Several other considerations should be made with regard to cost determination in irritable bowel syndrome. The lack of effective therapy has the effect of decreasing the estimated pharmaceutical component of direct health care costs. As opposed to gastro-oesophageal reflux disease, where drug costs are estimated to account for 63% of the total direct costs, only 6% of irritable bowel syndrome direct costs are attributed to medication.[10] On the other hand, 21% of the total direct costs of management of gastro-oesophageal reflux disease are consumed through hospital admissions, whereas 63% of irritable bowel syndrome-related direct costs are attributed to in-patient stays for evaluation, diagnosis and treatment.[10] A significant shift in costs may occur if effective therapy is made available, away from health care encounters or diagnostic tests and towards pharmaceuticals. It should also be recognized that many pharmaceutical therapies for irritable bowel syndrome are available over the counter, imposing costs on patients, but often not captured in estimates of third-party health care costs.

Further research to examine the economic burden of irritable bowel syndrome should focus on several aspects highlighted by this article. It would be ideal to perform the analysis from a societal perspective, so that not only direct health care costs, but also productivity (indirect) costs may be included, as the latter are especially critical when analysing a disease such as irritable bowel syndrome that is associated with more morbidity than mortality. Costs should be reported in a format that reflects the skewed distribution of costs amongst patients, which may include using median values, bootstrapping methods or other non-parametric forms of analysis. The source from which costs are derived should consist of a validated cost-accounting system or claims database. A control group without irritable bowel syndrome, with or without other gastrointestinal disorders, may be useful to more fully assess the economic impact of irritable bowel syndrome. Although irritable bowel syndrome patients exhibit a wide variation in symptom severity, comparison of resource expenditure stratified by this factor is lacking. Finally, total medical care costs, in addition to costs incurred for irritable bowel syndrome care, should be reported, as several studies have noted significantly higher total medical costs in patients with irritable bowel syndrome.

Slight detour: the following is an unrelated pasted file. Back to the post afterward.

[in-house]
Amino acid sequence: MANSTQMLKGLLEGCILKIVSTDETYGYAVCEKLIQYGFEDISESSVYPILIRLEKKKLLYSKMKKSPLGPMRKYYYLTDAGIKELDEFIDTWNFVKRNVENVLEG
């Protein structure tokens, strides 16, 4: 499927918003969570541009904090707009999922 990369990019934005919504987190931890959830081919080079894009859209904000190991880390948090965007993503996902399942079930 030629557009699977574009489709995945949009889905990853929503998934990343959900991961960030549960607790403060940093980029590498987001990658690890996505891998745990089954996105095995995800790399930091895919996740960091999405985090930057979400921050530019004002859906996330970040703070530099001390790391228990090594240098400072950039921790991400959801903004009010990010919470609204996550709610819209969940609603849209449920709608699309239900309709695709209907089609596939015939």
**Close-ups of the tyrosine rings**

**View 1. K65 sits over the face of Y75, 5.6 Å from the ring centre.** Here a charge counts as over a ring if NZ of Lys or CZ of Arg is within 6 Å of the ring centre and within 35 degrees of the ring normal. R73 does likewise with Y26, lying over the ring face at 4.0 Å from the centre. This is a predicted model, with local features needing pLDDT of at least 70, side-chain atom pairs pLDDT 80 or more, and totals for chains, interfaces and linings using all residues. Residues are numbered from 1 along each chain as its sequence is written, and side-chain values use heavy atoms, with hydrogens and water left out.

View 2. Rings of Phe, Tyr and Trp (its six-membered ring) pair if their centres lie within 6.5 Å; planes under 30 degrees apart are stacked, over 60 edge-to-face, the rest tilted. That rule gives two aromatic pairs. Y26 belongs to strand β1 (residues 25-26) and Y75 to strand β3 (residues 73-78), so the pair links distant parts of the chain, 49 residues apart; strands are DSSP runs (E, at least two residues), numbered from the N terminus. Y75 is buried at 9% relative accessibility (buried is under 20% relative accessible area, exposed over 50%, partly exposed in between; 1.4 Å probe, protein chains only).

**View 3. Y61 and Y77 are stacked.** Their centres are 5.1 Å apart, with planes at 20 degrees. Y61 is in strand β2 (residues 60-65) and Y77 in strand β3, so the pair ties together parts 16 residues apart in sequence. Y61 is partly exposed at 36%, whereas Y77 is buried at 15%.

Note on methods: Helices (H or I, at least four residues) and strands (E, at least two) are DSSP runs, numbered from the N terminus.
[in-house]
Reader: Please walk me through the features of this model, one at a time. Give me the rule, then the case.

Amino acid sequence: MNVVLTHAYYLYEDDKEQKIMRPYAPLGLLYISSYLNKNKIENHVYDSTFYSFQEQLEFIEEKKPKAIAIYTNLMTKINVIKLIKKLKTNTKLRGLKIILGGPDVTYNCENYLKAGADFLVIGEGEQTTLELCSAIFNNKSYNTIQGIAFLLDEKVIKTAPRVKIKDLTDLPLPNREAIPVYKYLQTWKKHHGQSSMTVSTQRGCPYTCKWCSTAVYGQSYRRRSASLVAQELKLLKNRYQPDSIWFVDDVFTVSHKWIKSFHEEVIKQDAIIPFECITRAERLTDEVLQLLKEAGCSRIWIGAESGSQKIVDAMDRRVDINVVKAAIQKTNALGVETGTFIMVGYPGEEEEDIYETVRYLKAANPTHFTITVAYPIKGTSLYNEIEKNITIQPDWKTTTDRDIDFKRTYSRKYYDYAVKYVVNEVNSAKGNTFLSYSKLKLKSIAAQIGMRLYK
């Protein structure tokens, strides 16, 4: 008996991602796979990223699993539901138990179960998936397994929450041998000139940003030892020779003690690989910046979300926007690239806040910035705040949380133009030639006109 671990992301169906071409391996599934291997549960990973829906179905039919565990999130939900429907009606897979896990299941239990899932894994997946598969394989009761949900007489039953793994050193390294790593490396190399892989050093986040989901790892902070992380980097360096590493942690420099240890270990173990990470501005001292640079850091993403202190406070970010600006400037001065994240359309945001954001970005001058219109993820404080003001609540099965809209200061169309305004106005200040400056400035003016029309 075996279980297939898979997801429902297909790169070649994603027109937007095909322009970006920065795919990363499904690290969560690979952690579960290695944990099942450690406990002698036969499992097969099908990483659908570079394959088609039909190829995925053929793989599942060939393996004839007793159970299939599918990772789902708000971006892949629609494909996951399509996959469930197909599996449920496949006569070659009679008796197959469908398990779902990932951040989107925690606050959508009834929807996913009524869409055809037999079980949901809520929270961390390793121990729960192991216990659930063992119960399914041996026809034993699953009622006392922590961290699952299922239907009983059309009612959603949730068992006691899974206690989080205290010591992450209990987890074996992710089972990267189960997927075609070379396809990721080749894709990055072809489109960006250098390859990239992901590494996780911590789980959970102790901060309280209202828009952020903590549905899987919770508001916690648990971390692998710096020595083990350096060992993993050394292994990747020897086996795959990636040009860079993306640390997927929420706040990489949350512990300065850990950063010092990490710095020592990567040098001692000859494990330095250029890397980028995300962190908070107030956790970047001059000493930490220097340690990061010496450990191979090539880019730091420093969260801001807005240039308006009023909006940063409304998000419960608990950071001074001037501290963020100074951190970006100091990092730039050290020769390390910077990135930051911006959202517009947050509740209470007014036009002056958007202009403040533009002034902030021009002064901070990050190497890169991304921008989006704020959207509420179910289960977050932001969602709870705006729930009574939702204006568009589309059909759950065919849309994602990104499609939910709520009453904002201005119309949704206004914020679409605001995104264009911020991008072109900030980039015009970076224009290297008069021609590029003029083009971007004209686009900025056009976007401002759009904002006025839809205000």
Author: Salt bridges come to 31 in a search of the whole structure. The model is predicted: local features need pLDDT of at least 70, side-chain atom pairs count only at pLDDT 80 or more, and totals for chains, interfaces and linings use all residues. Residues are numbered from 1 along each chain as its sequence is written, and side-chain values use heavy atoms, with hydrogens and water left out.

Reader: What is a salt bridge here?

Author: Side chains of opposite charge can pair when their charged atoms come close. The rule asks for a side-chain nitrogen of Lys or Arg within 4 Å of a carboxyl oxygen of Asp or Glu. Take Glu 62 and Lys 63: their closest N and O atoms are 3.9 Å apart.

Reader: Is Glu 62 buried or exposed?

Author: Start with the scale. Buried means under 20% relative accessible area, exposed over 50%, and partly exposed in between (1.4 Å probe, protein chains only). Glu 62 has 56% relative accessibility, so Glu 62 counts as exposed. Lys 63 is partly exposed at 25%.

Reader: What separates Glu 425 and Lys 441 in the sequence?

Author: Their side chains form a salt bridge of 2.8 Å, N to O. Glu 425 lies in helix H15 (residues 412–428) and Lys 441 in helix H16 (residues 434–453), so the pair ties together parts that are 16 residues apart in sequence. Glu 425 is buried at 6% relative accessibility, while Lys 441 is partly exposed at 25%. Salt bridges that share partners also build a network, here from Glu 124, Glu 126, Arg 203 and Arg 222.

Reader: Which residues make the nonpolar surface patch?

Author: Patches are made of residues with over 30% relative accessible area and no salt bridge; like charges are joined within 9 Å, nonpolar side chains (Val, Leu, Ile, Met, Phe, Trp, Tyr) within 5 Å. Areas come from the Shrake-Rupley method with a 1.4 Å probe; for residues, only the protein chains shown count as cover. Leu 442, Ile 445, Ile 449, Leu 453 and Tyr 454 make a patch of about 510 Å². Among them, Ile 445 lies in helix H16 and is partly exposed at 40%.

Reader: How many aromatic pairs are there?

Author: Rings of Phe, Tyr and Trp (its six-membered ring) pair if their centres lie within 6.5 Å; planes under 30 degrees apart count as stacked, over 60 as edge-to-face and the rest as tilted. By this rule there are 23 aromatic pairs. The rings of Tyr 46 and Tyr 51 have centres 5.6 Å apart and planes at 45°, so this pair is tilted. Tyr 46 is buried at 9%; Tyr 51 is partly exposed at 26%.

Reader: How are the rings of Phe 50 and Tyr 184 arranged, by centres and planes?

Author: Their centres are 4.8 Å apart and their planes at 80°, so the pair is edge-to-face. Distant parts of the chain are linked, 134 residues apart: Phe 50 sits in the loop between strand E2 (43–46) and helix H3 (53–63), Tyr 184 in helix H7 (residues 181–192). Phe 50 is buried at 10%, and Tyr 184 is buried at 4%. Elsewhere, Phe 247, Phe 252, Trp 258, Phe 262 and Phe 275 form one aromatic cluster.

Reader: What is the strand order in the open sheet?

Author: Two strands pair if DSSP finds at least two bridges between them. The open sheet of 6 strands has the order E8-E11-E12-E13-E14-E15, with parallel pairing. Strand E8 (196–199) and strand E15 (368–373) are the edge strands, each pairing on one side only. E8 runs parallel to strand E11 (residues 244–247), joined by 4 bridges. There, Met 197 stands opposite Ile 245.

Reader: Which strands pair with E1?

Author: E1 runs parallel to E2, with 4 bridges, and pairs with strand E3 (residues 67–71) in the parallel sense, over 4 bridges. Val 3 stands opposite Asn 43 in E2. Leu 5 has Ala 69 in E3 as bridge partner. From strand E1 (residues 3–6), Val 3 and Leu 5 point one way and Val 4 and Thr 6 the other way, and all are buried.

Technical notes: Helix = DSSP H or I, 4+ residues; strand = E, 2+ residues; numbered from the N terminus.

In summary, the economic impact of irritable bowel syndrome is substantially greater than its effect on mortality, illustrating that a disorder need not be lethal in order for tremendous health care resources to be expended in its management. The productivity losses incurred as a result of morbidity contribute in addition to direct health care costs, and the combined losses far exceed those incurred by non-irritable bowel syndrome patients. Geographical boundaries are spanned by this disorder and the impact on national health care in countries other than the USA accounts for considerable deficits. As therapeutic options at the present time are limited, productivity at work and leisure activities suffer, neither of which is quantifiable by present means. The development of effective therapy may dramatically shift resource use away from costly diagnostic evaluations, decrease the productivity (indirect) costs incurred by this disorder and improve the quality of life.